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What does the Poland missile explosion mean for Nato and Article 5?

What the incident means for the Nato alliance and Article 5.

By Katie Stallard

A suspected Russian missile strike has killed two people in Poland, according to a senior US intelligence official quoted by the Associated Press. The projectiles hit the village of Przewodów, near the border with Ukraine, on Tuesday 15 November. If confirmed, it would be the first Russian strike on territory outside Ukraine and a significant development given Poland’s status as a member of the Nato alliance.

The Polish government called an emergency meeting of national security and defence ministers on Tuesday to discuss what prime minister Mateusz Morawiecki’s spokesman described as a “crisis situation”. The Polish military’s readiness level was also raised. Officials had released no further details about the incident at the time of writing.

As a Nato member, Poland is protected by the alliance’s principle of collective defence, enshrined in Article 5 of the founding treaty, which commits members to treat an attack on one as an attack against all the members of the alliance. Article 5 has only been invoked once in the alliance’s history, after the 11 September 2001 terrorist attacks on the US.

Yet there is no automatic process to trigger a Nato response and Poland’s government would first have to decide to invoke Article 5, a step it might not take if it determines that the attack was not deliberately targeted against its territory. The strike took place close to the Ukrainian border during a wave of coordinated attacks against the country’s power infrastructure in one of the heaviest aerial bombardments to date.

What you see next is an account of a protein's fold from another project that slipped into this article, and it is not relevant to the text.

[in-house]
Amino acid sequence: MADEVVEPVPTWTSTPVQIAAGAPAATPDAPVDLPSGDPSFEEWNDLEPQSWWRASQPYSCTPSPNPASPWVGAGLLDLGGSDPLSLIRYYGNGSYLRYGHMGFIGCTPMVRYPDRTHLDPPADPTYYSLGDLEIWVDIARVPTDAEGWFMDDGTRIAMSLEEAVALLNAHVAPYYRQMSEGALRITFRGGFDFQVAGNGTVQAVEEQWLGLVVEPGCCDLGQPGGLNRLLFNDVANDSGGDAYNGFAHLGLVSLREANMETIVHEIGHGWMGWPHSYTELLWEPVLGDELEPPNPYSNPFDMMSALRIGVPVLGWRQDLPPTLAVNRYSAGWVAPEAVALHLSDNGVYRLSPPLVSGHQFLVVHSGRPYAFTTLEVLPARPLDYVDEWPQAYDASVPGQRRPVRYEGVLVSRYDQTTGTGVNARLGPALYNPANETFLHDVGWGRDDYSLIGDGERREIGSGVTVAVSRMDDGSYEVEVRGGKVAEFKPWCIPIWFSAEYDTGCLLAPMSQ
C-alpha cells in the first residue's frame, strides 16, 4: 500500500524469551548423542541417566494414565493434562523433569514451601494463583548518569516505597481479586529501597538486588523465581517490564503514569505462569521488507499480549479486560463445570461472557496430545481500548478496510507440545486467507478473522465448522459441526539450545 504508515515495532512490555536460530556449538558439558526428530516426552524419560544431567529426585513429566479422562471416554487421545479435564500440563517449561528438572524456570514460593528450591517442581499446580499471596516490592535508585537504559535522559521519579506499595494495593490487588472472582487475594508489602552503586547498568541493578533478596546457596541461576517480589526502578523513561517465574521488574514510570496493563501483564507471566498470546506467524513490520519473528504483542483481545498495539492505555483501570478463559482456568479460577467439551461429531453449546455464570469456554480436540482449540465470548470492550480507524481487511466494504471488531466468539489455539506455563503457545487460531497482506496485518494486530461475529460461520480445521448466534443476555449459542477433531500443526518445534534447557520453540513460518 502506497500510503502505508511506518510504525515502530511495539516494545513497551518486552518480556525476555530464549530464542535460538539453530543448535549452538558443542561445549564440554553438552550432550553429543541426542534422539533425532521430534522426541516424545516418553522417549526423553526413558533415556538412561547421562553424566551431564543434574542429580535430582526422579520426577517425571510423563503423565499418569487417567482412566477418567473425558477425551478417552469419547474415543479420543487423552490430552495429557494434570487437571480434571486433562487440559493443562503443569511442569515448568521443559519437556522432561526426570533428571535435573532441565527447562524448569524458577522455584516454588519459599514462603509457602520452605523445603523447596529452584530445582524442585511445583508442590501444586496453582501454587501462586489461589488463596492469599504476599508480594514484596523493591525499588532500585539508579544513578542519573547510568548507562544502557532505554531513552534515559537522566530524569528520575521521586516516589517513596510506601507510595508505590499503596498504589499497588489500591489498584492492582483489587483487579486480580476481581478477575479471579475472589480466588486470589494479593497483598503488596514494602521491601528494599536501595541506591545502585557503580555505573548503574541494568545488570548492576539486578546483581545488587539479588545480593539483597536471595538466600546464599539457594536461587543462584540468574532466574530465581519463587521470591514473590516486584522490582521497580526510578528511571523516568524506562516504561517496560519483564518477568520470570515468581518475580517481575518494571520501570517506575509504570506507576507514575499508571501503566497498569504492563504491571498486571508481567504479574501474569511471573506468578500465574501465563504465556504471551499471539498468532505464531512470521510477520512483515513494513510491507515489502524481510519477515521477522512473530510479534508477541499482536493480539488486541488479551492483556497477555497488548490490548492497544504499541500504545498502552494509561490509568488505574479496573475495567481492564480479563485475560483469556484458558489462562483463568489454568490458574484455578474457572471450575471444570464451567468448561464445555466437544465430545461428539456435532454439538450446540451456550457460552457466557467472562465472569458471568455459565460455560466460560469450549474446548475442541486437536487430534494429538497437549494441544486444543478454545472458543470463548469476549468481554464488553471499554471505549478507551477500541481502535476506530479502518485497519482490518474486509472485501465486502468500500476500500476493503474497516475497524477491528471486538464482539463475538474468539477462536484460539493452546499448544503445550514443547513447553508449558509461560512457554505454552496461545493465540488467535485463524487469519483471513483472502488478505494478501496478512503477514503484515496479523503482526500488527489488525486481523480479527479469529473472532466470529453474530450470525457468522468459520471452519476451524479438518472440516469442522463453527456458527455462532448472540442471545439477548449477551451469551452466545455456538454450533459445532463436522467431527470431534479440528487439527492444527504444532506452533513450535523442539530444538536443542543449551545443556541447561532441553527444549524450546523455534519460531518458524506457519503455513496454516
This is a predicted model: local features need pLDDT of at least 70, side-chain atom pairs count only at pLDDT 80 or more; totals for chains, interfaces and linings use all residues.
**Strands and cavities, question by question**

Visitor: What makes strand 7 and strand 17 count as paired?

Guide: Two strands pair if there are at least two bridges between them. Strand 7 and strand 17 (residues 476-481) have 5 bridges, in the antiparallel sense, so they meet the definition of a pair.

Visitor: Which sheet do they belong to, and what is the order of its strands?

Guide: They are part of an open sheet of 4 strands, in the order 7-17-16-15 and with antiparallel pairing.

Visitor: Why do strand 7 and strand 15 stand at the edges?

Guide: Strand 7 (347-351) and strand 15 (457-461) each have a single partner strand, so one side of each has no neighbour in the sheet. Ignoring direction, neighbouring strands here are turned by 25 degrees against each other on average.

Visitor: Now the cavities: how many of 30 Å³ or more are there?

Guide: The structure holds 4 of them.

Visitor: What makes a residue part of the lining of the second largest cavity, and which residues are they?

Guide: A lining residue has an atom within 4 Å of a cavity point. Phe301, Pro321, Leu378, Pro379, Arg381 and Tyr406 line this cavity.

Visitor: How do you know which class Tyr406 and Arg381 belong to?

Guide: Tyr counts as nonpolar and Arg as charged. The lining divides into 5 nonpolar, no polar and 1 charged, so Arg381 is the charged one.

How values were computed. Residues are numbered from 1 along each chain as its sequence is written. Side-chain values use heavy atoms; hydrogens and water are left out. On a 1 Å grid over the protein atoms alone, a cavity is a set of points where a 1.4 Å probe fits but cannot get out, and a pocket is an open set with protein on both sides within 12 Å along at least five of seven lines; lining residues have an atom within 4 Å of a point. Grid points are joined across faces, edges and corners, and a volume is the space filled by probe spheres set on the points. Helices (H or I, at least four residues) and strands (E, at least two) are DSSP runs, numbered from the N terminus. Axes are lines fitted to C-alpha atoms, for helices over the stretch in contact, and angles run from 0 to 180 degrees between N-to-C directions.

Poland could instead choose to invoke Article 4 — as it, along with a group of Eastern European and Baltic states, did at the start of the war in February — which requires Nato members to meet and reaffirm their commitment to collective defence. Even if Warsaw did decide to trigger Article 5, it would then be up to each Nato member to determine the appropriate response — and there is no obligation to use military force.

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With world leaders currently meeting in Bali for the G20 summit, the attack will focus even greater attention on the war and calls by the US and its allies to impose greater pressure on Russia to end the fighting. The incident may also reignite concerns about the danger of the conflict developing beyond Ukraine’s borders and strengthen calls by countries such as China for an immediate ceasefire to be sought.

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[See also: Poland missile explosion highlights risk of escalation in war in Ukraine]

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